The grayscale group has 7 neutral samples of different lightness for white balancing and linearization of individual channel response. The pastel group with 7 lighter, still saturated, color samples helps fine-tuning skintones and lighter colors.

The corner-marks of the card are automatically detected by the QPcalibrator software and a grid covering the color patches is created. Every color patch is measured in 6400 spots and the 3200 lightest are discarded.  This prevents small dust particles and minor reflections to interfere with the measurement. 
Unlike older color targets on the market, the background has been intentionally kept white. This provides an opportunity to evaluate the evenness of the exposure of the card.

If the card is unevenly lit, the software compensates in the linear RAW signal with maximum 1,5 EV, assuring high quality profiles even if the card isn’t perfectly photographed. 

Beyond Graycards and White Balancing

White balancing must not be confused with profiling. White (or gray) balancing means fine-tuning of the balance between the three color channels Red, Green and Blue in order to compensate for color temperature deviation. Manual white balancing, using a neutral gray target in the scene, is the best way to achieve neutral grays in the picture.  However, the fact of the matter is that colors are only marginally corrected using white balancing.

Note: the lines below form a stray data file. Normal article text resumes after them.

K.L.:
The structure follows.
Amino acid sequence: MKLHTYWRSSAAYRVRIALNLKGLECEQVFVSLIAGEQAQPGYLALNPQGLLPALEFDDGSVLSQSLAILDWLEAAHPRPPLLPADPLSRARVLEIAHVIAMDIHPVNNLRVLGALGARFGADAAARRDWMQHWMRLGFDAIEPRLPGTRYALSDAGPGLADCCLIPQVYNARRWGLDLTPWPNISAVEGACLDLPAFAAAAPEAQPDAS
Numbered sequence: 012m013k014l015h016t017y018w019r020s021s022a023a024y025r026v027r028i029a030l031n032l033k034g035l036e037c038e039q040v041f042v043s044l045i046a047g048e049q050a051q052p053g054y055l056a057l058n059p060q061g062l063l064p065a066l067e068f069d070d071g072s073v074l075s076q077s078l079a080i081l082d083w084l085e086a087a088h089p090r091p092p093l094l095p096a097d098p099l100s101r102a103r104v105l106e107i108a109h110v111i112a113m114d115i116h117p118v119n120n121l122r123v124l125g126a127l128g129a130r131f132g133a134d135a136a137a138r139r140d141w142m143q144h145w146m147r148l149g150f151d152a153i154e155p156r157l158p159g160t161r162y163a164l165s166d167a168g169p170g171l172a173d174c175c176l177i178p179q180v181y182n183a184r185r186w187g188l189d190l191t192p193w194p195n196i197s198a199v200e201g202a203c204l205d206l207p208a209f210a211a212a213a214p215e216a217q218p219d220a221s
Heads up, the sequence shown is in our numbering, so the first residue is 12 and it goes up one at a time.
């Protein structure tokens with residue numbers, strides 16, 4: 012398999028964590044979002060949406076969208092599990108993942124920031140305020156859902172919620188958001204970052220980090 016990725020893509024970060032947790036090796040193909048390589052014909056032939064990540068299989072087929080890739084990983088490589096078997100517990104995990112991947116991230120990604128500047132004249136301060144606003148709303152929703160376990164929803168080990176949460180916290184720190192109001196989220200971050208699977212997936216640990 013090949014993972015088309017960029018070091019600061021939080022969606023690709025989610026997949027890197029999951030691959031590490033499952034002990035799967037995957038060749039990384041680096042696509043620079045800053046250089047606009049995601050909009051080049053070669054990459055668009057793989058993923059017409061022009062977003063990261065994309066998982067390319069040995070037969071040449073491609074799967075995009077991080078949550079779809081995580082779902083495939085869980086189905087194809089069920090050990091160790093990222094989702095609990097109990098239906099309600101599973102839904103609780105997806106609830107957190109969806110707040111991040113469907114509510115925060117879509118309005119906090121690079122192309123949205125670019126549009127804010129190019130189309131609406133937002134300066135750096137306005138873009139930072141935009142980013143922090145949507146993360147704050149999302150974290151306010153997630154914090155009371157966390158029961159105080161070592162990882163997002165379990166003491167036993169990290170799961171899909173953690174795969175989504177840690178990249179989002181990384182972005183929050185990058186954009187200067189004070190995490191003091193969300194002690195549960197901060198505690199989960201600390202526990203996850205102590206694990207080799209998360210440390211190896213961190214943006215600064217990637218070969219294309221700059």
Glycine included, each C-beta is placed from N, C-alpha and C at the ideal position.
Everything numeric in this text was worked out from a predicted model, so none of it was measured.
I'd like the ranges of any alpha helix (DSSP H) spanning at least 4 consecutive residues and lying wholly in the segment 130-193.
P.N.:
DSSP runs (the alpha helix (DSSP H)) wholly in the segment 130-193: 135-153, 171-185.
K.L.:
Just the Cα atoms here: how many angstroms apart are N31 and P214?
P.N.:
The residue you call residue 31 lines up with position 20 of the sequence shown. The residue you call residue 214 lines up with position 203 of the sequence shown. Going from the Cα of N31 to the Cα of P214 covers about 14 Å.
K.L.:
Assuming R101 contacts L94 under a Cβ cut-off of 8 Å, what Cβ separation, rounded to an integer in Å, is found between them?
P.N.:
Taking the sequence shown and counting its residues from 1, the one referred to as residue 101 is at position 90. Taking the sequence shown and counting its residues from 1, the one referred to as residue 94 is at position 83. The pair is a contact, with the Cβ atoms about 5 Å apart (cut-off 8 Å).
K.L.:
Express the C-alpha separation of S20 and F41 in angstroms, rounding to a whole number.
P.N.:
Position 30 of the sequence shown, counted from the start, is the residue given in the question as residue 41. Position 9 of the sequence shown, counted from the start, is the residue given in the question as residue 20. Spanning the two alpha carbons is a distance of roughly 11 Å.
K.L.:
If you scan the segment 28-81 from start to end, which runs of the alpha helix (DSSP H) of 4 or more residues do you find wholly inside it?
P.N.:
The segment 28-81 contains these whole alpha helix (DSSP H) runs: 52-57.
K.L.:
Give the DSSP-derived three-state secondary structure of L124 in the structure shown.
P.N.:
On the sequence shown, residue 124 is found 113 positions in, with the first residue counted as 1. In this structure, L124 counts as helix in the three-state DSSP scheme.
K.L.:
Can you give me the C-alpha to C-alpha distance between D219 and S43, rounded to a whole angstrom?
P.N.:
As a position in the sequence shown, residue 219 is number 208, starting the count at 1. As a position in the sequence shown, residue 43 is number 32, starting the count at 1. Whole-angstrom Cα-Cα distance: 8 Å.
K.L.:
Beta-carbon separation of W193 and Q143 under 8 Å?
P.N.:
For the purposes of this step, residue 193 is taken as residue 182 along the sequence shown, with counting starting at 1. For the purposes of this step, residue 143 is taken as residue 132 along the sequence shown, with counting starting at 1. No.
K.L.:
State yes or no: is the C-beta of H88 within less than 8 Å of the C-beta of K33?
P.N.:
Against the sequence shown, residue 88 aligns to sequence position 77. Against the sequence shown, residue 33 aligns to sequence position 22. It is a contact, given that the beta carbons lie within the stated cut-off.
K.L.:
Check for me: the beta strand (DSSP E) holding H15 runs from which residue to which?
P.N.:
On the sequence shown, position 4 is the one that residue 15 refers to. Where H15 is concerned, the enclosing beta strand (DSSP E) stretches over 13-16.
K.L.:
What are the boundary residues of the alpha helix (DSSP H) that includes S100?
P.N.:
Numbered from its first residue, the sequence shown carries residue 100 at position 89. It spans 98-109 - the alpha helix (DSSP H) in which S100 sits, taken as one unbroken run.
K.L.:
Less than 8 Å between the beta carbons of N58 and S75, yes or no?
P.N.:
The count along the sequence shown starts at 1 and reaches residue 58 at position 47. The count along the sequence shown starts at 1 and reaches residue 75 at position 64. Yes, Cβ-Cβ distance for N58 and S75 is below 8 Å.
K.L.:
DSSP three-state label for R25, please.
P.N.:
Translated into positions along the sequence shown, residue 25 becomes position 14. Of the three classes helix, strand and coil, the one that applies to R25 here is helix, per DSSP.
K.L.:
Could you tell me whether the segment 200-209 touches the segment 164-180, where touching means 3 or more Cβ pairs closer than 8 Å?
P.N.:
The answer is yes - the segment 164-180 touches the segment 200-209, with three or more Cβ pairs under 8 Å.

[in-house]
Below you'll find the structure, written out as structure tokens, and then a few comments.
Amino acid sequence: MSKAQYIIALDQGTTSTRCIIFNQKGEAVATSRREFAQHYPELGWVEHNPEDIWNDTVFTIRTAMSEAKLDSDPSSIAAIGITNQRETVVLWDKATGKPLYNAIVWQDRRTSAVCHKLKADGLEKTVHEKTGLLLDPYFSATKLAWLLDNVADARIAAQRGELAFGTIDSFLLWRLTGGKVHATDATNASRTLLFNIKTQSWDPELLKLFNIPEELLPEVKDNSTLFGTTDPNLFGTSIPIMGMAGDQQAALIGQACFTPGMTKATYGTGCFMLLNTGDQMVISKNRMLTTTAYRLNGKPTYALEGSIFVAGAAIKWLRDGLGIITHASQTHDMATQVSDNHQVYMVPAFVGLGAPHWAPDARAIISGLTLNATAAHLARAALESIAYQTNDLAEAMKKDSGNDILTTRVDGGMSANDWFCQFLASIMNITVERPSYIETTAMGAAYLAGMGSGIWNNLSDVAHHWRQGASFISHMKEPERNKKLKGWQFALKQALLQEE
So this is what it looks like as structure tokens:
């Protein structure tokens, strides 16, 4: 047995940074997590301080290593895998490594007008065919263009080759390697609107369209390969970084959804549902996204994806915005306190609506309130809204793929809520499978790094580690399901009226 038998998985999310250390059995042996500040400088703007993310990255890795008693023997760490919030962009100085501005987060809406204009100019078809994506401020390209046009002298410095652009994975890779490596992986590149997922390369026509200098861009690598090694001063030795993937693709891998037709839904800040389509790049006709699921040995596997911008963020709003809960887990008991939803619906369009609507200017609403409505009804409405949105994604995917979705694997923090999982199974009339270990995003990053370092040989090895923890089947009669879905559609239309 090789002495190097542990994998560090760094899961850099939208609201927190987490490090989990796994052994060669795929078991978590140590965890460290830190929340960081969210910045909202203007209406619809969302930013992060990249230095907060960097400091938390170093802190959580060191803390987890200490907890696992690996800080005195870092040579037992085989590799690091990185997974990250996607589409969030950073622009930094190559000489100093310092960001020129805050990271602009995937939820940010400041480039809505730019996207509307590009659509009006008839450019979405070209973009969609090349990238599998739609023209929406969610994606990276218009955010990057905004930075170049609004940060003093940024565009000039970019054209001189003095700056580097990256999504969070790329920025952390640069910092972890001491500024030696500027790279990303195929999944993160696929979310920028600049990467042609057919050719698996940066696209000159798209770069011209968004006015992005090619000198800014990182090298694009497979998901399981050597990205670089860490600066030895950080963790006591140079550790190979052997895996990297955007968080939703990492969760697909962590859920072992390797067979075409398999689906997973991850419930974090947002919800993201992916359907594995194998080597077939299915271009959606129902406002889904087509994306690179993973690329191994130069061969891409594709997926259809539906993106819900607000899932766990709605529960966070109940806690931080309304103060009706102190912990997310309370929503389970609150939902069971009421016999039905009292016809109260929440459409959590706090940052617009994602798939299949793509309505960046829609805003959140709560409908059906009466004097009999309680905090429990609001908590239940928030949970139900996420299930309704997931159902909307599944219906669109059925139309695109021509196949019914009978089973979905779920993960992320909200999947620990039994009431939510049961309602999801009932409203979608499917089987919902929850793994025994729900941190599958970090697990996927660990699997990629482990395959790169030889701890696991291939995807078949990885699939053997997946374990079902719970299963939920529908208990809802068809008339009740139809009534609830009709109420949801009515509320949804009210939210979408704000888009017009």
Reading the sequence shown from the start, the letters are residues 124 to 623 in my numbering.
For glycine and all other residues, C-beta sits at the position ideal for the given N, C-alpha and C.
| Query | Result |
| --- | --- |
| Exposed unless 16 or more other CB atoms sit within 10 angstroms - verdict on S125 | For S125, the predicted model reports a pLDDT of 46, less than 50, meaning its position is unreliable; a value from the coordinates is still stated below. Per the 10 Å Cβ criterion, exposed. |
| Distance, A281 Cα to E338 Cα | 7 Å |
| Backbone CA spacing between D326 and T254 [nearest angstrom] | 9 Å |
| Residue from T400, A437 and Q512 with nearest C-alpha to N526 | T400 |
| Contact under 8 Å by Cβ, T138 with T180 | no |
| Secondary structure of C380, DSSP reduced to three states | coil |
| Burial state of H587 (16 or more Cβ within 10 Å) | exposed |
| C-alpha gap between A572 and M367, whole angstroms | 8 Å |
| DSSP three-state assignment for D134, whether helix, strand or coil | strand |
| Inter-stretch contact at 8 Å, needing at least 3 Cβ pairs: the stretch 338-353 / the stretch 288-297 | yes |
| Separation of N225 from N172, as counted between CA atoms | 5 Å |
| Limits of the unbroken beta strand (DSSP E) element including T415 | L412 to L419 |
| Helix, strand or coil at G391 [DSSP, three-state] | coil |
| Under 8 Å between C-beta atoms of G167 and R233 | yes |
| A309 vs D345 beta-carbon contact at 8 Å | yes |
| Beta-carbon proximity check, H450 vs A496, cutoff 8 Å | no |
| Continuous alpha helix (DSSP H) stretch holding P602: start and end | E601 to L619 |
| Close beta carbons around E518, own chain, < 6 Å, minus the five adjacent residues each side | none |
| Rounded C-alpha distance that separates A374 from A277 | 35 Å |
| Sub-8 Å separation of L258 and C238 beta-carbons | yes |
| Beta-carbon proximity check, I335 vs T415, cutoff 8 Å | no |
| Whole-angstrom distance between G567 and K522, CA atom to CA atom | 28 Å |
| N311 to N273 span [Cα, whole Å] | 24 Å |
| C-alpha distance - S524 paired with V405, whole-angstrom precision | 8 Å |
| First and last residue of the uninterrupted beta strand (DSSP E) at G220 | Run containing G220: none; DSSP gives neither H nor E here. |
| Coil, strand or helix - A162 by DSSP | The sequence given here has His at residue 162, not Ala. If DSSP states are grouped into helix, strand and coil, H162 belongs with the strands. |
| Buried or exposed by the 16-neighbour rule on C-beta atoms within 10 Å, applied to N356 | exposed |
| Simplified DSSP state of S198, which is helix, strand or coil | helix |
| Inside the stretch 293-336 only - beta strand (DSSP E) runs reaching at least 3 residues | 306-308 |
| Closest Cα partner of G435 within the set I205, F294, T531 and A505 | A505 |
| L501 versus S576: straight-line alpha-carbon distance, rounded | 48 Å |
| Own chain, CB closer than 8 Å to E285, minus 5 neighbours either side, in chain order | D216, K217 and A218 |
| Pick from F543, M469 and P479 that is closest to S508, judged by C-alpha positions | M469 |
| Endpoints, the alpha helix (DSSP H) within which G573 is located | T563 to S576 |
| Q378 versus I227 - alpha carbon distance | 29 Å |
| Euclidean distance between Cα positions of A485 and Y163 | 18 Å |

Try taking a picture of a colored scene with three different cameras. Include a gray target in the scene and make sure all three pictures are perfectly neutralized using the gray target. Now check colors. Most likely they differ quite bit. Canon and Nikon utilize different ideas of color appearance. And Adobe adds their color ideas with their standard profile in Adobe Camera Raw. 
Color management and profiling is so much more than white balancing. In color management you not only balance the position of the color curves, you actually tweak them in order to normalize color performance in accordance with neutral undistorted colors in the photographed scene. Use QPcard 202 and QPcalibrator with the cameras mentioned above and you will most likely not notice any color difference between them. 

QPcard 202 is distributed exclusively by Argraph Corporation.

It is available from retailers nationwide for an suggested retail price of $55.50.  

QPcalibrator software is free and can be downloaded at  QPcalibrator is available for Windows 32 and 64 bits systems and for Mac OS X.   The first version only supports Adobe Camera Raw (Photoshop, Lightroom, Elements and Bridge). The next version will also support icc-profile dependent RAW converters. 

Lars Kjellberg from QPcard will be at Argraph’s PhotoPlus booth 665 demonstrating the QPcard 202 and software.  Additional information is available at

QPcard is a Swedish company specialized in easy to use solutions for better color fidelity with digital cameras. Qpcard is celebrating its 10th anniversary this October. QPcards are used by dedicated photographers in almost 100 countries.